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I have a webpage which lists data in a tabular format.

The markup looks basically like this:

<div style="filter: alpha(opacity=100)">
...Lots of other markup
    ..data from backend

However, when I print this page, using IE8 or IE7 the resulting print is very strange, several rows in the table are missing etc.

After a while of testing I found that removing the filter: alpha(opacity=100) (which was placed there by some fancy jquery-ui-script), resolves the issue.

So why does filter: alpha(opacity=100) break my printouts?

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1 Answer 1

up vote 0 down vote accepted

Why are you using this directive in the first place? If you want a block element to be visible, set it to display: block.

Anyway, as for the question on why your elements don't show up, you might want to read this.

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It wasn't me who added it. I actually fixed the issue by removing it. I don't really see how the article answers my question about why the filter-directive breaks my printouts? –  Rikard Uppström May 16 '12 at 14:22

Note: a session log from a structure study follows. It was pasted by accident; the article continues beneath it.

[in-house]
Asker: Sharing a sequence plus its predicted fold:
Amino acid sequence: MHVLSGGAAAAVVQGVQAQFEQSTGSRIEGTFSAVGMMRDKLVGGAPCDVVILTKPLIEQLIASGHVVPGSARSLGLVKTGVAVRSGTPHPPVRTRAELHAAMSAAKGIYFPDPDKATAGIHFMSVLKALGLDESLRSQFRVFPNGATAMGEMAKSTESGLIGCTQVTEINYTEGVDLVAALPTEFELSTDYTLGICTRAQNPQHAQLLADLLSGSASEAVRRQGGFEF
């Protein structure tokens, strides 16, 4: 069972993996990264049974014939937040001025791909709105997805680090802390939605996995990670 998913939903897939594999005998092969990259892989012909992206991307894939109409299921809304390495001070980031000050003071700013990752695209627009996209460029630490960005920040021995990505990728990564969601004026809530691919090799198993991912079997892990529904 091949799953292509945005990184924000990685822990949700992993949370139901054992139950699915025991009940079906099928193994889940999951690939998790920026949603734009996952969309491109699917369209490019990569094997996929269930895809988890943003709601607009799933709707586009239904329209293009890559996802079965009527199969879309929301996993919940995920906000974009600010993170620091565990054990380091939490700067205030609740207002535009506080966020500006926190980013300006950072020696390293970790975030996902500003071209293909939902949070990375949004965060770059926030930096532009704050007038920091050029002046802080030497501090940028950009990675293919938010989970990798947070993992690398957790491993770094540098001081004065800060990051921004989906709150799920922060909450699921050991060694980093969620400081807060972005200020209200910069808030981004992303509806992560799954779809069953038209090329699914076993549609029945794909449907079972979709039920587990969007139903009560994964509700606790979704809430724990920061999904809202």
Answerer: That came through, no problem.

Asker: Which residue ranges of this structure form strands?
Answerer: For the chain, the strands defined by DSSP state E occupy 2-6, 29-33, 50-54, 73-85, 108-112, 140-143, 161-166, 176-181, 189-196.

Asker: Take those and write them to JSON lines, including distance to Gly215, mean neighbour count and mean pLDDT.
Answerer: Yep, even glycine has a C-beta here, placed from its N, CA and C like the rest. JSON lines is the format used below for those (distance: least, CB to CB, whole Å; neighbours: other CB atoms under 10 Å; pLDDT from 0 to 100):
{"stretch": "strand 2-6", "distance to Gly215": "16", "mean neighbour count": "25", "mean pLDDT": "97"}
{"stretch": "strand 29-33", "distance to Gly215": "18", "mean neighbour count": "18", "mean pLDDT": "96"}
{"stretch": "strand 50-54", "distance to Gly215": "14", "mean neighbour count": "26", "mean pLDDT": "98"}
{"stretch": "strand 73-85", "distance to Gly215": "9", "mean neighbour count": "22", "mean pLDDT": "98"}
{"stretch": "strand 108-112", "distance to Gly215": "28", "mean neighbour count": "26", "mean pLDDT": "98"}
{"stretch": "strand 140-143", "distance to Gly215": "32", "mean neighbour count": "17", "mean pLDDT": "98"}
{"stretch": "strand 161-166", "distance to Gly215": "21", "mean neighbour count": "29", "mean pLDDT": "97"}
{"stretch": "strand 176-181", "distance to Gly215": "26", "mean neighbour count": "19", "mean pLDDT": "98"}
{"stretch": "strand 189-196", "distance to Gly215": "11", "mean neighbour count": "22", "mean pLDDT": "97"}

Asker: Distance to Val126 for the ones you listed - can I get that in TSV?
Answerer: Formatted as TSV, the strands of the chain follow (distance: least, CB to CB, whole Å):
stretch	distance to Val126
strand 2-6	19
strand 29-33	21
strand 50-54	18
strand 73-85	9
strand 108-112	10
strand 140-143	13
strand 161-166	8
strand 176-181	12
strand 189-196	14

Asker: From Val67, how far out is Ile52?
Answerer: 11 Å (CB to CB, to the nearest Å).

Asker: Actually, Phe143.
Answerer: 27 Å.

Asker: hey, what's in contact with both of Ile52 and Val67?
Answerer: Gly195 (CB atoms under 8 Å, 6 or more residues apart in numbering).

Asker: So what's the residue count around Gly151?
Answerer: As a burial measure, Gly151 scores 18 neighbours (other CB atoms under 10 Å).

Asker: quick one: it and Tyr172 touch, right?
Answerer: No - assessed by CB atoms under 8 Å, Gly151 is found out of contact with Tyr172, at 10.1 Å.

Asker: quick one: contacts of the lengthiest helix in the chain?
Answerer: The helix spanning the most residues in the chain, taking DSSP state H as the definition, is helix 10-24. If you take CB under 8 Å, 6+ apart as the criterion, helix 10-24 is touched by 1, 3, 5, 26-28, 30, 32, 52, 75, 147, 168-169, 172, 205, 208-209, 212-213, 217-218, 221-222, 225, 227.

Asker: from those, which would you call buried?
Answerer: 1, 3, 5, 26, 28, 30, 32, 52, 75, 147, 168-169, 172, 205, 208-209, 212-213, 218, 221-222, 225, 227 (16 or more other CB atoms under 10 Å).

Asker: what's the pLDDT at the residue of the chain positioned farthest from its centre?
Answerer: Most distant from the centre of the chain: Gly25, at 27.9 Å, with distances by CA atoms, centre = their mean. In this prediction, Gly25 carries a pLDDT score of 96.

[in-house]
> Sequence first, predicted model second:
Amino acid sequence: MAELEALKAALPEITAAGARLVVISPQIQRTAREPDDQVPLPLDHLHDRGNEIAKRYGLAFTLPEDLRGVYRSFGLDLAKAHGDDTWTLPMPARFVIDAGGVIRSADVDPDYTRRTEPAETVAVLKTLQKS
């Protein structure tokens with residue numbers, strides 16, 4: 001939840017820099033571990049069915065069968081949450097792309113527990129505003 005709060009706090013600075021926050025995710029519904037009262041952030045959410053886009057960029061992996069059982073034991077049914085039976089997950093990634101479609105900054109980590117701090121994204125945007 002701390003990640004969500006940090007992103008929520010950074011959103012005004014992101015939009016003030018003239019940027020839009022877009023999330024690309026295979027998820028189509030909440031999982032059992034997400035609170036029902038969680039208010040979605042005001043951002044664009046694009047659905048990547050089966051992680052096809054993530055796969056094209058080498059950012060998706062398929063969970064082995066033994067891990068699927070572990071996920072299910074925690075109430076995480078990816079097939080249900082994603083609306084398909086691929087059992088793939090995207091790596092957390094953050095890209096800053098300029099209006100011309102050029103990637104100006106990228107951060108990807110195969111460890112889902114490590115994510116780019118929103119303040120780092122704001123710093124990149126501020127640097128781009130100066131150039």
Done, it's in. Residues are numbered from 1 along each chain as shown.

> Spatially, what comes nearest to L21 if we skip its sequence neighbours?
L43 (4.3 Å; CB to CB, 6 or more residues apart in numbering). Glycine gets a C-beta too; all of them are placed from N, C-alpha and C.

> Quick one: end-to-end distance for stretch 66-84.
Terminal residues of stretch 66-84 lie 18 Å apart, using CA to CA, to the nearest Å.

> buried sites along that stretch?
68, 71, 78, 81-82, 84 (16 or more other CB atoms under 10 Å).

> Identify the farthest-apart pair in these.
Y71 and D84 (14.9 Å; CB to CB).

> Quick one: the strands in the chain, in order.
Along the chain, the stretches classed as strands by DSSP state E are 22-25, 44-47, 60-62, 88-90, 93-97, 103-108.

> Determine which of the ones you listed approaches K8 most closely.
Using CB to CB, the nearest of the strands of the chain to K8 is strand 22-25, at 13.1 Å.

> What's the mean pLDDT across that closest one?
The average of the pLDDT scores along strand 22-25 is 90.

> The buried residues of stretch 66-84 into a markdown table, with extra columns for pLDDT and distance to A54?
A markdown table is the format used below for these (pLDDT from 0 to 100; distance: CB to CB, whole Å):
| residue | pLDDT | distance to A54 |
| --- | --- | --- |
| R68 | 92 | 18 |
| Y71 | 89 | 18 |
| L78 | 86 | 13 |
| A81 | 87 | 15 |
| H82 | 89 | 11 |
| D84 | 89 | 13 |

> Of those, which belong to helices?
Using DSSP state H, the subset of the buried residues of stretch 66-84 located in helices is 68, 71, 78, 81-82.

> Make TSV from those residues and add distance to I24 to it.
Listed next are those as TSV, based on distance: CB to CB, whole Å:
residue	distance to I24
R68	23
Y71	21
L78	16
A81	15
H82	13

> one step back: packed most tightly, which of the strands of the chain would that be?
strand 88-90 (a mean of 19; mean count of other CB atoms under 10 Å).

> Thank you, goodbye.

Did not intend to sound confrontational, sorry. In IE, hasLayout is a property that causes the elements to render properly. Some elements, including <div>s, don't have hasLayout on by default, resulting in buggy behavior. In your case, it looks like the filter directive clashed with the fact that the <div> had no layout, resulting in the children not rendering properly. You can force an element to get layout by using the zoom: 1 hack, for example. –  Metzger May 16 '12 at 14:45
Ok..now I see your meaning. You are saying that the filter-attribute made it so that the elements "lost" layout in the world of IE7&8? Since I removed it everything works stellar.. :) –  Rikard Uppström May 21 '12 at 9:45

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